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NBA Finals: LeBron James gets best of Kevin Durant late as Heat even series with Thunder

Down two, 12 seconds left, the ball in Kevin Durant's hands on the baseline. Nobody north of Palm Beach thought Durant would miss. But this time, LeBron James, the biggest, baddest baller on the planet, guarded Durant.
by Berry Tramel Published: June 15, 2012

Kevin Durant got the ball in scoring position, with the game in the balance, and suddenly all was right in Thunderworld.

The Thunder had played cruddy for 3 1/2 quarters Thursday night, only to come alive down the stretch and somehow crawl its way back into Game 2 of the NBA Finals.

Down two, 12 seconds left, the ball in Durant's hands on the baseline. Nobody north of Palm Beach thought Durant would miss. In these NBA playoffs, he had conditioned us to believe he was the last man in America who could miss a clutch shot.

But this time, LeBron James, the biggest, baddest baller on the planet, guarded Durant. Shawn Marion and Metta World Chaos are primo defenders, and Durant had slain them with game-winners, but neither of those ruffians is LeBrawn.

Durant got a step on LeBron, pulled it up six feet from the basket and tossed a floater at the basket as a forearm directed him sideways. The ball bounced off, and soon enough the NBA Finals were tied.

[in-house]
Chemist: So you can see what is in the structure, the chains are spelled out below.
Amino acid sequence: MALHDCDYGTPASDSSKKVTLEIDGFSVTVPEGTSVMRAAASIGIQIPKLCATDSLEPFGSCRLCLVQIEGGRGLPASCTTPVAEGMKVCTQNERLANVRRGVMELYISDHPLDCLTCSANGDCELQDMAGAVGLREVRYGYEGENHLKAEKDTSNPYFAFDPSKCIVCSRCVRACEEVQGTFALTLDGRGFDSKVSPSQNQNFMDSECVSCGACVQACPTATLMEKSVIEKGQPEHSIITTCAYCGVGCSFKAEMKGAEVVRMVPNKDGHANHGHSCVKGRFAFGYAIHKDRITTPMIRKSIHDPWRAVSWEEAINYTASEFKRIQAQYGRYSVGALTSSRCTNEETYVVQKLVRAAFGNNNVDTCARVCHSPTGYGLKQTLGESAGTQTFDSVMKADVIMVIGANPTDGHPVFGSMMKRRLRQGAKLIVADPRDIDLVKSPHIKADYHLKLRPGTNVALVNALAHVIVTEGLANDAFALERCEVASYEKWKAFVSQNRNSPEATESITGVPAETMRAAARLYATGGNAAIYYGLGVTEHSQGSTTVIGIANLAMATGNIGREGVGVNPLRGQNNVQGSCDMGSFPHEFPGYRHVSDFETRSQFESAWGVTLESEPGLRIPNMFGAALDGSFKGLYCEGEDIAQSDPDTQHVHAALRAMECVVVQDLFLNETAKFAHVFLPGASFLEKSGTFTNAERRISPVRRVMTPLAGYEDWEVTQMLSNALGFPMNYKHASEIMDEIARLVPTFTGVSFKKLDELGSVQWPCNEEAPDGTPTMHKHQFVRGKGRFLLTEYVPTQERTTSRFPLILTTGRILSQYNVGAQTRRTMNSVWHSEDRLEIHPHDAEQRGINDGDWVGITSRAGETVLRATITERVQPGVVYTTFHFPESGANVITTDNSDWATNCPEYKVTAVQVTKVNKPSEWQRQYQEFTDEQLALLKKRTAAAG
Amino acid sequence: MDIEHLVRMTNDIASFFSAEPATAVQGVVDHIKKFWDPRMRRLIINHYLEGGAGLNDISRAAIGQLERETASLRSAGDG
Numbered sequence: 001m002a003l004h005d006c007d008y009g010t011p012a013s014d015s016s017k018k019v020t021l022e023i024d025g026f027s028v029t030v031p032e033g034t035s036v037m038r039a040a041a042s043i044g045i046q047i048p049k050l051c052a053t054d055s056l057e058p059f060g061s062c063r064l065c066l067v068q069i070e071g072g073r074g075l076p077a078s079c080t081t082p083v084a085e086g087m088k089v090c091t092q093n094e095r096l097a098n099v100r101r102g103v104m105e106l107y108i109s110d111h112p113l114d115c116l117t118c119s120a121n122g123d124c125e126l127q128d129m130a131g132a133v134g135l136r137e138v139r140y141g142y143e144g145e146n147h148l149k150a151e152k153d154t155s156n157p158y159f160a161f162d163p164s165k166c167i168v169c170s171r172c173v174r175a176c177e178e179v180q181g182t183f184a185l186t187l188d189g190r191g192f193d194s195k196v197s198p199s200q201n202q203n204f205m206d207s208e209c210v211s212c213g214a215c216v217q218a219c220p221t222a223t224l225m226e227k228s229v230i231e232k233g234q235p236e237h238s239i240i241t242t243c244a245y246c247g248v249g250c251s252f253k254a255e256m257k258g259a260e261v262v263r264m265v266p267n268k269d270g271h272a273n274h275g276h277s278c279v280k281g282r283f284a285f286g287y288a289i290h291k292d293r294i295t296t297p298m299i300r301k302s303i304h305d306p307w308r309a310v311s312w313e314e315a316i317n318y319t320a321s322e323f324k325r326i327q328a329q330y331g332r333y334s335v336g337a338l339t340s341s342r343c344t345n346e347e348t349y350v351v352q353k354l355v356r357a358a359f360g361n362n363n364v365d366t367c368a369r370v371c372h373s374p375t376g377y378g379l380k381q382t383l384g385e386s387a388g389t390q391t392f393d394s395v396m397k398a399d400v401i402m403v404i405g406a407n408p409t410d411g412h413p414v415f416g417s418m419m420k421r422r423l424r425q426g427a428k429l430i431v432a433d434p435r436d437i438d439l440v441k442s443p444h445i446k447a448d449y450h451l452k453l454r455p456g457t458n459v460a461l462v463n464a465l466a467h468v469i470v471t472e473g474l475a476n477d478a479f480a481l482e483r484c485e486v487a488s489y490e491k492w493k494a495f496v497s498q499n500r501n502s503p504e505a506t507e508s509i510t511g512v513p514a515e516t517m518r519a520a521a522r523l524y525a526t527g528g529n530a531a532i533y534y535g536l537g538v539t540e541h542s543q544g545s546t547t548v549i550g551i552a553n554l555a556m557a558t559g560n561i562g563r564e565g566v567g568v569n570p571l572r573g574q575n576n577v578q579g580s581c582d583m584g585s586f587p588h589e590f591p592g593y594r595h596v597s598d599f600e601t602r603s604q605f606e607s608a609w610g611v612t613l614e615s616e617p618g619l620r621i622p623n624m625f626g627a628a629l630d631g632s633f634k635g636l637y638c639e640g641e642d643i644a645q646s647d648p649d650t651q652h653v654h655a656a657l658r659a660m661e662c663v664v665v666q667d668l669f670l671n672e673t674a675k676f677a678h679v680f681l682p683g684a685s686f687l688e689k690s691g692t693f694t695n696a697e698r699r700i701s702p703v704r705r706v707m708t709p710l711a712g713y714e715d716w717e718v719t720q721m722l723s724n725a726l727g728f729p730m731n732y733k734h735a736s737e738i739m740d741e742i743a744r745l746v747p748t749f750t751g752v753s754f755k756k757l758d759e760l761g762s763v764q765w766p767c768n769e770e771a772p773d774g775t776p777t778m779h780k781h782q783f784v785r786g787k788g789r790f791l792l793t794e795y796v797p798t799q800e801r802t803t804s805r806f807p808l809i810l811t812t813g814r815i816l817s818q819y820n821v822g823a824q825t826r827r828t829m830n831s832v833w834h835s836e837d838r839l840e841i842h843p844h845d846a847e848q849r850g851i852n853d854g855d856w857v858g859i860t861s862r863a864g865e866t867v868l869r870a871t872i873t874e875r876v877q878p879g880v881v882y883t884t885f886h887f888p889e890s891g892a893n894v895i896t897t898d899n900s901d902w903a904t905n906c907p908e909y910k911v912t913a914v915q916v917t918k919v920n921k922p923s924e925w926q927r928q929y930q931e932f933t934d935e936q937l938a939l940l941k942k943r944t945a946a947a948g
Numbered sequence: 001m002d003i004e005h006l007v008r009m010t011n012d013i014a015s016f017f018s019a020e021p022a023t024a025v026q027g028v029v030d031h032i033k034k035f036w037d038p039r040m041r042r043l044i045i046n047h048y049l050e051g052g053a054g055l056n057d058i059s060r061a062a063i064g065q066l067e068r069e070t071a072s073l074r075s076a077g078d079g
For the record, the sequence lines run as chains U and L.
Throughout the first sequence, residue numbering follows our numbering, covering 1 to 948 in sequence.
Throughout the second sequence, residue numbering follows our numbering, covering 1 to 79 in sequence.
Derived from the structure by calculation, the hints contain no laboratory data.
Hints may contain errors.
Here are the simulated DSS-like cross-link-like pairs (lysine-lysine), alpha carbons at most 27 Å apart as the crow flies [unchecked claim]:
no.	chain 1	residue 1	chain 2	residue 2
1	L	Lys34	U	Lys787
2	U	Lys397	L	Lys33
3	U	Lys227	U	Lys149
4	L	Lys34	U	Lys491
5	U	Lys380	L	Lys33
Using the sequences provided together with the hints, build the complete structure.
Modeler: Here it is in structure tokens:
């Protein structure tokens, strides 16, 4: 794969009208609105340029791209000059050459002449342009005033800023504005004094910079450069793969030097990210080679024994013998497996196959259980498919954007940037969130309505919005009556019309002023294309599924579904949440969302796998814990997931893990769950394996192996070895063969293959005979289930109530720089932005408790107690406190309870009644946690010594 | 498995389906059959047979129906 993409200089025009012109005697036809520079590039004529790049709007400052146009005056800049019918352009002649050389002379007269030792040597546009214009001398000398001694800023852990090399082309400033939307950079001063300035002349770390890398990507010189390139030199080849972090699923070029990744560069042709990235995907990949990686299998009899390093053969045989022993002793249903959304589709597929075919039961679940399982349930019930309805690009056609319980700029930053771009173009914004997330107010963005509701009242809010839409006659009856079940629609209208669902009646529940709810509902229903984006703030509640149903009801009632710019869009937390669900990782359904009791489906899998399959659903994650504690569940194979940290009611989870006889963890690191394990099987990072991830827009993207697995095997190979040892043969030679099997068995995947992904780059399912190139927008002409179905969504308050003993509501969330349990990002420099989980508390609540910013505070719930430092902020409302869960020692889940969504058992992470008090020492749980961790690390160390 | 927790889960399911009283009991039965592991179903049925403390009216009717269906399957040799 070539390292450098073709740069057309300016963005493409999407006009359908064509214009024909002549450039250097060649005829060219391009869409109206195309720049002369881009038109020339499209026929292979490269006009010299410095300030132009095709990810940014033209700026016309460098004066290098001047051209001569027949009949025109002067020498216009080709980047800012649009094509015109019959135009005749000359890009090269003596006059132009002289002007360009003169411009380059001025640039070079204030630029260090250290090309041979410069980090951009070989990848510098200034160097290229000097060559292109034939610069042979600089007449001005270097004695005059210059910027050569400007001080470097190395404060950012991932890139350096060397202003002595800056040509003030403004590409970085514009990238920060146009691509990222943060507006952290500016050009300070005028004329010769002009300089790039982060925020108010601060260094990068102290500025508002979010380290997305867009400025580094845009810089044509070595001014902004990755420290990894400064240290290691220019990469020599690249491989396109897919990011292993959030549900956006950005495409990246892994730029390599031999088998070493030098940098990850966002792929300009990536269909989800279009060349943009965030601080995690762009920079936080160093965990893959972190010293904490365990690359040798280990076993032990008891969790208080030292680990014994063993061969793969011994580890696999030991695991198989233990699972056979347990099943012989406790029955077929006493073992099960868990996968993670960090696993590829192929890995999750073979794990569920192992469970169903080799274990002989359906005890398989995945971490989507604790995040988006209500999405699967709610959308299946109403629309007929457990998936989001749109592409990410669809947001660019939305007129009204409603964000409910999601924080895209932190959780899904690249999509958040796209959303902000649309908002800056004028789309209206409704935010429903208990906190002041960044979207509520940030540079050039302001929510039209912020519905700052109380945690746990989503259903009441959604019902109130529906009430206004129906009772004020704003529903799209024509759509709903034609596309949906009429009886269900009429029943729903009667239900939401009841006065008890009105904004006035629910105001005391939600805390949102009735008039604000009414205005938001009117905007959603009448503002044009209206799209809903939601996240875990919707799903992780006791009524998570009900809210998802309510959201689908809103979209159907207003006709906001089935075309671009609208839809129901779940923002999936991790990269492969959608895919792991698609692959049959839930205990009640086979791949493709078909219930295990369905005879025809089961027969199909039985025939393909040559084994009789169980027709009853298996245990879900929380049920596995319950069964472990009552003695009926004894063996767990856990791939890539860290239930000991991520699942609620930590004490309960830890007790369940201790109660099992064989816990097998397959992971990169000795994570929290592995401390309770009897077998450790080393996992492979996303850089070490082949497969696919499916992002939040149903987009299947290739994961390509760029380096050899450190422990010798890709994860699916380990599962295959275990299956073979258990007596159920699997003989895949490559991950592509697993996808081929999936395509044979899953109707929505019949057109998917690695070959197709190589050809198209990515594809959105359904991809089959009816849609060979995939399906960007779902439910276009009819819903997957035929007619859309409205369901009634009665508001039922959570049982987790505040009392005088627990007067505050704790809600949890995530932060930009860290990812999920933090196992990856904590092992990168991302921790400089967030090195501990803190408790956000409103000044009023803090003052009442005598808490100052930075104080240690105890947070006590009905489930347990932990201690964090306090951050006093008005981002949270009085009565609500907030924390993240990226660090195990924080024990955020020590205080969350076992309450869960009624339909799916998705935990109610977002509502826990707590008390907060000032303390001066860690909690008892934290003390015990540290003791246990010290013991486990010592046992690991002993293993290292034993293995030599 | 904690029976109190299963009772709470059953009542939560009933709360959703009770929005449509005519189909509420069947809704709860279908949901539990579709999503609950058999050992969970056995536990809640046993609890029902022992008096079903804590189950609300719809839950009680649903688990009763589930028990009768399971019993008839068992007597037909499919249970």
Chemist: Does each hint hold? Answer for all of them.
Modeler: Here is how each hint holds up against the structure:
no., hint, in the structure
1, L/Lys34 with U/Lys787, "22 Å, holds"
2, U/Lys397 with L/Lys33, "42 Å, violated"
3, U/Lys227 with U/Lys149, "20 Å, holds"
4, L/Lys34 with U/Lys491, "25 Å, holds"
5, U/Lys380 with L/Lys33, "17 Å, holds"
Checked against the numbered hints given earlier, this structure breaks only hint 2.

The Heat beat the Thunder 100-96, and now the series moves to Miami with Durant having been proven human and LeBron reminding us to go slow on that passing-the-mantle of the world's-best-player crown.

LeBron guarded Durant from the get-go in Game 2 — wise move, Erik Spoelstra — and helped shut down the Thunder offense. OKC was in an 18-2 hole, and this game looked over.

But we know two things about the Durantulas. They always come back, and Durant knows how to deliver if they get close.

So back came the Thunder, including 16 fourth-quarter points from Durant, giving him 33 in the Finals' two fourth quarters. Durant's 5-point flurry — a driving dunk, followed by a rainbow 3-pointer — in a span of 13 seconds brought the Thunder within 98-96, and when LeBron settled for a deep 3-pointer that bounced off, the stage was set.

Durant ready to steal the stage.

And Derek Fisher's inbounds at midcourt with 12 seconds left put Durant in great shape. Durant might have made a mistake by not driving all the way to the basket. He's quite the finisher. But the Heat defense was closing fast from all corners, and Durant has a feel for this game, in case you haven't noticed.

So Durant pulled up, LeBron popped him with contact that was incidental if you fly Heat colors and was assault if you fly Thunder blue, and Durant's shooting percentage in the final 24 seconds of playoff games on shots that can tie or go ahead fell to 3-of-5.

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by Berry Tramel
Berry Tramel, a lifelong Oklahoman, sports fan and newspaper reader, joined The Oklahoman in 1991 and has served as beat writer, assistant sports editor, sports editor and columnist. Tramel grew up reading four daily newspapers — The Oklahoman,...
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